0 Votes

    • 35x35
      Apr, 2012
      Bill
      Consult with an Oregon lawyer who has experience in litigating consumer law. Tiny details matter in cases like these. The statements you shared may create an implied warranty, but it depends on the context of the conversation, and whether any of these statements were in response to your questions about the vehicle's reliability.

      For the benefit of other readers, Kaycee's message shows why it is important for used-car buyers to take a vehicle to a trusted mechanic for a general inspection before buying. I have no idea what could be wrong with Kaycee's vehicle, and it is possible even the most detailed inspection would not have revealed the sudden deceleration issue. But then again, maybe it would have. I am also a big believer in Carfax, which shows the vehicle's history and clues to its reliability.
      0 Votes

  • 35x35
    Feb, 2012
    Kalelah
    I bought a 2006 chevy monte carlo yesterday. The battery died as soon as I got home, so the dealer fixed it. Now only a day later the sunroof is messing up. I've only had the car roughly 24 hrs and already experiencing multiple problems. Since I traded my previous car to them for this one, can I take this car back and trade it back in for my old one?
    0 Votes

    • 35x35
      Feb, 2012
      Bill
      Yes, but do not expect the transaction to happen for free, unless your state has a lemon law that covers used cars.

      Your message is a good reminder for me to repeat the advice offered by the well-known car repair experts "Click and Clack": Before you buy a car, take it to your mechanic for a check-up. A simple test would have revealed the weak battery, for example.
      0 Votes

  • 35x35
    Feb, 2012
    Jason
    I bought a used 2006 Grand Cherokee exactly two weeks ago. Upon buying the car they said a tpm sensor was cracked and needed to be replaced. They replaced the sensor free of charge and calibrated it. A day later the illumination for my temperature controls was gone. Upon looking at it myself I found that three bulbs were burnt out which are soldered to a electrical board that would need to be replaced as a whole unit. Dealer said would cost $284 that I would have to pay because manufacturers warranty had expired. Yesterday a sway bar link snapped and has to be replaced. I know most of these problems are normal "wear and tear" , but this is ridiculous. What are my options for what I should do if the dealership is unwilling to fix all these? (I have a 60 day 3,000 mile warranty currently with them)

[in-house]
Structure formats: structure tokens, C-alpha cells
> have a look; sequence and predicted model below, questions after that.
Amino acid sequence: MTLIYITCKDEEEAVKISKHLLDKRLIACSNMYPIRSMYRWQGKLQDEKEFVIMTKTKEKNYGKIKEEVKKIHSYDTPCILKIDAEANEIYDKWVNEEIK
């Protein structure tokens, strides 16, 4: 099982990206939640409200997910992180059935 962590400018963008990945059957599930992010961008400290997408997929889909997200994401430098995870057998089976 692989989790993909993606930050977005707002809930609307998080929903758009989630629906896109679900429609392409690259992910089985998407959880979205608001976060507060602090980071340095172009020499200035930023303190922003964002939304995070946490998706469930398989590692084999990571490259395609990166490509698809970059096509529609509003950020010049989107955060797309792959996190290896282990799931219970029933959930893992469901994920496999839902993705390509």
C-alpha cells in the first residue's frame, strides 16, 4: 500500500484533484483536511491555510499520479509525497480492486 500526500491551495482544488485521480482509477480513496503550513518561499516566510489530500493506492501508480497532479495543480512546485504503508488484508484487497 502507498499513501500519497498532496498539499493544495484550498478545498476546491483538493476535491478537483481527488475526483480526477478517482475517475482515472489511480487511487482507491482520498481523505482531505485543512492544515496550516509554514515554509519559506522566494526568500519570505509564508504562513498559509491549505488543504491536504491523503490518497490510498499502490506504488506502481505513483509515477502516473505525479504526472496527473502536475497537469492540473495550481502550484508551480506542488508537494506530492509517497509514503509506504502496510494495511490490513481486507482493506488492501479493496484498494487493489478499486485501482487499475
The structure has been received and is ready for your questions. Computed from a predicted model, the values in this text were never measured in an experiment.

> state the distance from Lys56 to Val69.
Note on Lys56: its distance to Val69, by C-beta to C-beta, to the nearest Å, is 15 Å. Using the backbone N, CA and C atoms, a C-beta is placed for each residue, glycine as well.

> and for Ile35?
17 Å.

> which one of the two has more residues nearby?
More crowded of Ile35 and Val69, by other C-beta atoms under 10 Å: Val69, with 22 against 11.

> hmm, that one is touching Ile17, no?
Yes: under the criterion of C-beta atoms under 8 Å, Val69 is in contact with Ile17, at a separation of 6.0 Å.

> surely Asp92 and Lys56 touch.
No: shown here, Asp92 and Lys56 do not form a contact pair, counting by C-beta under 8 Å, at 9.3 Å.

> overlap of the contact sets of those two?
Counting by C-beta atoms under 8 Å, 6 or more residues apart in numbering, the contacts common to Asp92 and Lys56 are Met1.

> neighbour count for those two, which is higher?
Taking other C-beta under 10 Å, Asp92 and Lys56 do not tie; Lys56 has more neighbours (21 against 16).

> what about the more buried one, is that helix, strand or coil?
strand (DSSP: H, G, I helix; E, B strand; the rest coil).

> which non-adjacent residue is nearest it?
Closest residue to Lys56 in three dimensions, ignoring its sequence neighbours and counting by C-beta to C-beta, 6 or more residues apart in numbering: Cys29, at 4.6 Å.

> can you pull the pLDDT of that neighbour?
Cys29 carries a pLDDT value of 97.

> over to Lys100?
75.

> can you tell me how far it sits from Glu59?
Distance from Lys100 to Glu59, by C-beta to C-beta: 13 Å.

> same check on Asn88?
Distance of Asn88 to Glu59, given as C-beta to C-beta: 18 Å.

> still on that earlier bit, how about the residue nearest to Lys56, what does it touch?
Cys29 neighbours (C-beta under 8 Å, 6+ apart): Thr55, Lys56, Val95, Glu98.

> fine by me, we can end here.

0 Votes

    • 35x35
      Feb, 2012
      Bill
      If the dealership does not honor its warranty, then you have two options: do nothing and pay for the repairs from your own pocket, or file a lawsuit against the dealership.
      0 Votes

  • 35x35
    Oct, 2011
    Rob
    I bought a 2002 Durango, and test drove it before buying and could not find any flaws to the vehicle. I purchased the car in NH and live in VT. so I had to drive it home. From the dealership to my home is roughly 200 miles. I guess that I might have made it 150 miles and the car just started making noises form the engine as if one of the pistons blew (I'm no mechanic just speculating)I could see the RPM gauge was pusing to the 3000 mark but the car wasn't going faster then 40-45 miles per hour. I got the vehicle off at the next exit and parked at a park and ride. Even though I bought the vehicle as is. Do I still have a case to get my money back or be compensated for the repairs, because the dealer sold the car implying the car was in great condition, and the fact that the vehicle didn't even make it a distance of 200 miles from where it was purchased?
    0 Votes

    • 35x35
      Oct, 2011
      Bill
      I cannot address any state laws that may apply here because I have not studied New Hampshire law on this matter.

      Under common law, if the dealer made promises about the reliability of the vehicle, such as "This engine will go for another 50,000 miles before you need to even look at it," or "This vehicle will be very reliable," then you may have an implied warranty argument in your favor. On the other hand, if the dealer made general claims about vehicle that did not imply the engine would not fail after 150 miles, then I do not see a case.